The Chili Peppers were such a rush of fresh air when they hit the scene in 1984. I remember a plethora of heavy metal and new wave all over the airwaves & record stores; some good, lots bad. No new group, however, crashed the music scene that year quite like The Red Hot Chili Peppers. Pick up this CD and compare it to the playlists of the mid 1980s, and I bet the sheer contrast will show you what a cutting edge band The Red Hot Chili Peppers were when they hit the scene.
Give this album a chance, and I think you will find that the Red Hot Chili Peppers didn't get better with time: they started out great, and since then have tinkered with their musical style, all the while keeping their unmistakable Funky spirits in full force. Yes, The Red Hots still have "Baby Appeal!"
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8 of 8 people found the following review helpful By A Customer on July 30, 2003
Format: Audio CD
This record is great considering that it was (orginally) released (almost) 20 years before today when the radio waves are cursed by these ultra corporate/unoriginal rap/metal bands (my local alt/hard rock station actually played songs from this bands original four albums, now all they play is junk like "P.O.D.(posers obviously darnit)".
But this little underatted gem is 95% excelent(I'm not too hot with the simplistic"Police helicopter"). The top tracks in my mind would be "Green Heaven", with the best bass/guitar riff I've ever heard. The fast paced "Out In L.A." The chilling instrumental "Grand pappy du plenty." "Baby appeal" which could have easily made it on Freaky Styley, and "Buckle down", which I like for no reason That I can currently think of.
If that was not enough, if you buy the remaster(which you probably will end up with anyway, since it's easier to find) you get 5 demos added as Bonus tracks. Which range from the "Get up and jump" demo which is so off it's hilarious. To the "Green heaven" demo, which I think is better, with the exception of the scratchy beggining( But it's cool, and somewhat eerie how the bass line slowly fades in at the end of it). It also includes the demo for "What it is" from Out In L.A.(the album, not the song) Which consists of lyrical bits from songs like "Green Heaven", And "The Brothers Cup"(off Freaky Styley). The remaster also has better sound quality (obviously).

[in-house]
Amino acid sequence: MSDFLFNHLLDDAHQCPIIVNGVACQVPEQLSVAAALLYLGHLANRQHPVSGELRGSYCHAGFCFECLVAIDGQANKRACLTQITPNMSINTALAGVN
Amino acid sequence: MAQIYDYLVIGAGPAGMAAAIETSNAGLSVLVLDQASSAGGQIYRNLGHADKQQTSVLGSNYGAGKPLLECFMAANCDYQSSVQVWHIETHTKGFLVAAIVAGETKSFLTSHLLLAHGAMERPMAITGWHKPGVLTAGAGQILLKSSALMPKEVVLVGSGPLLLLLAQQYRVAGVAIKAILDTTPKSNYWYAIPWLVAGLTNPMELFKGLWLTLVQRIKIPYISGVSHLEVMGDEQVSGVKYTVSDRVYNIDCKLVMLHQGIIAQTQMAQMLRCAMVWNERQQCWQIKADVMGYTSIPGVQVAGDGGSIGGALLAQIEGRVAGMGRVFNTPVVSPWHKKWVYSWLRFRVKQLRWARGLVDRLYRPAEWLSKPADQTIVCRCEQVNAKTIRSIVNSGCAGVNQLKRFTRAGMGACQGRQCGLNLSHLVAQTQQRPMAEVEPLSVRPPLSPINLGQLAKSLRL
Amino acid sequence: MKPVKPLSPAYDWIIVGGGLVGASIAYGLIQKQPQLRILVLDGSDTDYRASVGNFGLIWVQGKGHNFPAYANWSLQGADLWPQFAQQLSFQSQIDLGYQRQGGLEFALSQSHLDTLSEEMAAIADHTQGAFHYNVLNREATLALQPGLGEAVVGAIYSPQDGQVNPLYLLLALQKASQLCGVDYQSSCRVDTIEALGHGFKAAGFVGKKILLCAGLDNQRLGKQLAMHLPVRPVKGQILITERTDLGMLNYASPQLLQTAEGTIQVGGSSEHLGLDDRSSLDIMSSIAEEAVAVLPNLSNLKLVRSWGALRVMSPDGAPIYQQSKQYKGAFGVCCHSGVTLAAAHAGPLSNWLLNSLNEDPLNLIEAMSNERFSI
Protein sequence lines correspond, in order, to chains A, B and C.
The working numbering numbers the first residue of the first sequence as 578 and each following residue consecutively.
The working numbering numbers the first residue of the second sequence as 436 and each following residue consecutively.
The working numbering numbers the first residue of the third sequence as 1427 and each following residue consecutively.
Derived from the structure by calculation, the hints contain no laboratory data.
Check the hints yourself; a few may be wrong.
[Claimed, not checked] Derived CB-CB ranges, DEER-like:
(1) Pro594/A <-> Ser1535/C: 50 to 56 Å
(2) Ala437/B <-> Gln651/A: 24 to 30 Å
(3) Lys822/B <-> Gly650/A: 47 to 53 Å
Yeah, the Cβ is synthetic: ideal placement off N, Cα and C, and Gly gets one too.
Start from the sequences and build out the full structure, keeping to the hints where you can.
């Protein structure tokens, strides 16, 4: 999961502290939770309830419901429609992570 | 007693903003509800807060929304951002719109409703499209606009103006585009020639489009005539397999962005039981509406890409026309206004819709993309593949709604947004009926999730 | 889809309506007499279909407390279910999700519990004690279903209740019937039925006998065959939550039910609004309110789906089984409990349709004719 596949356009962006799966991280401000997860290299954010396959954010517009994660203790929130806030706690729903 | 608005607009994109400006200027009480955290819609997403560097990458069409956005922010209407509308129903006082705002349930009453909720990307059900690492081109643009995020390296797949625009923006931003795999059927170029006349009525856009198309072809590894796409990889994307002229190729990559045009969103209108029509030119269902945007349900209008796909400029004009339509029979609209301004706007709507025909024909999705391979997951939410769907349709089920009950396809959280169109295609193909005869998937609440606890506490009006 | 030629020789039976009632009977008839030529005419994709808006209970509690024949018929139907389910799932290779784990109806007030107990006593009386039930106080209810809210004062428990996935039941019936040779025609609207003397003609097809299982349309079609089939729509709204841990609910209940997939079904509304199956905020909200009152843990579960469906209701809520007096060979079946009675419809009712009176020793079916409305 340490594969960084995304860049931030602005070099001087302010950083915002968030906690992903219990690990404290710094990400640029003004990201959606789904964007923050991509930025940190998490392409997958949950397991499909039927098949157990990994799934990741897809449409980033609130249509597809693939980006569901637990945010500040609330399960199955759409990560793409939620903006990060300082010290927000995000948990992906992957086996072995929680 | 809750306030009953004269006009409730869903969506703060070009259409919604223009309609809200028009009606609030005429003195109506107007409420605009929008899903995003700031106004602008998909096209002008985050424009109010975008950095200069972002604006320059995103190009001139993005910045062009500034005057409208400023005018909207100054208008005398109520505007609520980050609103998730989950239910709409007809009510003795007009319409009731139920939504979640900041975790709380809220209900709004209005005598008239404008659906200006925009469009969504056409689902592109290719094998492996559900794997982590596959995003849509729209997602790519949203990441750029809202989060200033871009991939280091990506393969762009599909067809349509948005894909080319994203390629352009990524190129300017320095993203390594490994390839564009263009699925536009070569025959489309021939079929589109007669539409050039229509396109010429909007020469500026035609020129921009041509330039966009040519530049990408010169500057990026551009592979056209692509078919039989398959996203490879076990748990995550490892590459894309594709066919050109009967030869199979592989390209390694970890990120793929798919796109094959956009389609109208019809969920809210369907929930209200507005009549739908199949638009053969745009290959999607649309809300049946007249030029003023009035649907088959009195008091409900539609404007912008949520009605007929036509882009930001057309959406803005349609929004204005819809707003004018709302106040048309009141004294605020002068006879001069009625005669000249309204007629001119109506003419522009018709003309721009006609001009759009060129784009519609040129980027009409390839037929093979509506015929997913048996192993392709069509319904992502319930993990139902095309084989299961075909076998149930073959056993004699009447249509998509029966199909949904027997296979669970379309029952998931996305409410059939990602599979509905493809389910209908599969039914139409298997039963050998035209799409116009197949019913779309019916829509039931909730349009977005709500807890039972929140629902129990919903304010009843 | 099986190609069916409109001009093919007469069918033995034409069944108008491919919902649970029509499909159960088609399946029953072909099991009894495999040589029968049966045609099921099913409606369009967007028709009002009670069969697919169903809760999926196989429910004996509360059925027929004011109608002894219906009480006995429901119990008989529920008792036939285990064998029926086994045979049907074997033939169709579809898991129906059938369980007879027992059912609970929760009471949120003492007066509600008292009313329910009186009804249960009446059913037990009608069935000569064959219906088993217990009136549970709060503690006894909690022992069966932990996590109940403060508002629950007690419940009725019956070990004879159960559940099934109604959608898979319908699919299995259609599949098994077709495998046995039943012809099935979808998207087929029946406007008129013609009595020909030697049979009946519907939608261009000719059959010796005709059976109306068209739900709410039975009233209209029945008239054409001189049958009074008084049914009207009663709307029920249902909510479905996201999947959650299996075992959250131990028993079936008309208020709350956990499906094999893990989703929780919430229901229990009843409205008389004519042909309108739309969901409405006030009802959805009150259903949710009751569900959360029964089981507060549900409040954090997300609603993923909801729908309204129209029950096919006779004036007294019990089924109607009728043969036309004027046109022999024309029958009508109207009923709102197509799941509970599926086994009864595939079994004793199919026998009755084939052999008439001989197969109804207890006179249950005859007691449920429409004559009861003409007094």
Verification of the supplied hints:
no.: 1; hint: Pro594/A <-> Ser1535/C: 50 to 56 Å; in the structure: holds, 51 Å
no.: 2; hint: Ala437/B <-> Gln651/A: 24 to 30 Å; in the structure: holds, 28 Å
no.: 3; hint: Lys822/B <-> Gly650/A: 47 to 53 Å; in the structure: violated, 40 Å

So to wrap things up, I would have to say that although it is not thier best, it is by far not thier worst ( it is still better than One Hot Minute, and it is much better than thier last release. So buy it, and enjoy.
HOP OUT!
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5 of 5 people found the following review helpful By Dave Baw on April 12, 2000
Format: Audio CD
When I heard this album I was'nt suprised at all that the Chili Peppers started out so good and still remain the funkiest rock around. Songs like "Get up and Jump" will just want to make you...well, get up and jump. I certainly recomend it to a Red Hot Chili Peppers fan--
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3 of 3 people found the following review helpful By B. Patrick on September 27, 2006
Format: Audio CD
As a thirty-something Gen-X lad, I'm one of the few who has been listening to the Chili Peppers since the mid 1980s. I say this not because I'm one of those insufferable gits who thinks his devotion to a band is more authentic because he was a fan before they became popular. Rather, I mention it to provide the context for my review of this album.

Younger folks who find this album puzzling because it bears no relation to the Chili Peppers they started listening to in the mid to late 90s or even in the 2000s need to understand that this album is not an anomaly or a one-off. It is the essence of what the Chili Peppers sounded like for a decade before today's twenty-somethings started hearing them on the radio and college-bar juke boxes in the 90s. And fortunately for those twenty-somethings, they were not around to witness the unrelentingly bland music scene that obtained in the mid-80s. Even punk had lost its edge by then and morphed into new-wave (Go-Gos turning from punk girls into a mainstream chick-band, Johnny Rotten reverting to John Lydon and fronting PIL, Mick Jones fronting Big Audio Dynamite, etc.). In a radio landscape filled with cheesy synth-pop and poof-haired makeup-wearing metal bands, hearing this and the next three Chili Peppers albums was veritably mind-blowing. Those of us who heard the Chili Peppers in the mid-80s finally understood what our parents felt like when they heard the Beatles or Led Zepplin for the first time.

"Hyperbole," one might be tempted to retort. "If the sound was so fresh, great and mind-blowing, then why did it not achieve the sort of commercial success that the Beatles and Led Zepplin did?" Quite simply, this album was a bit TOO far ahead of its time.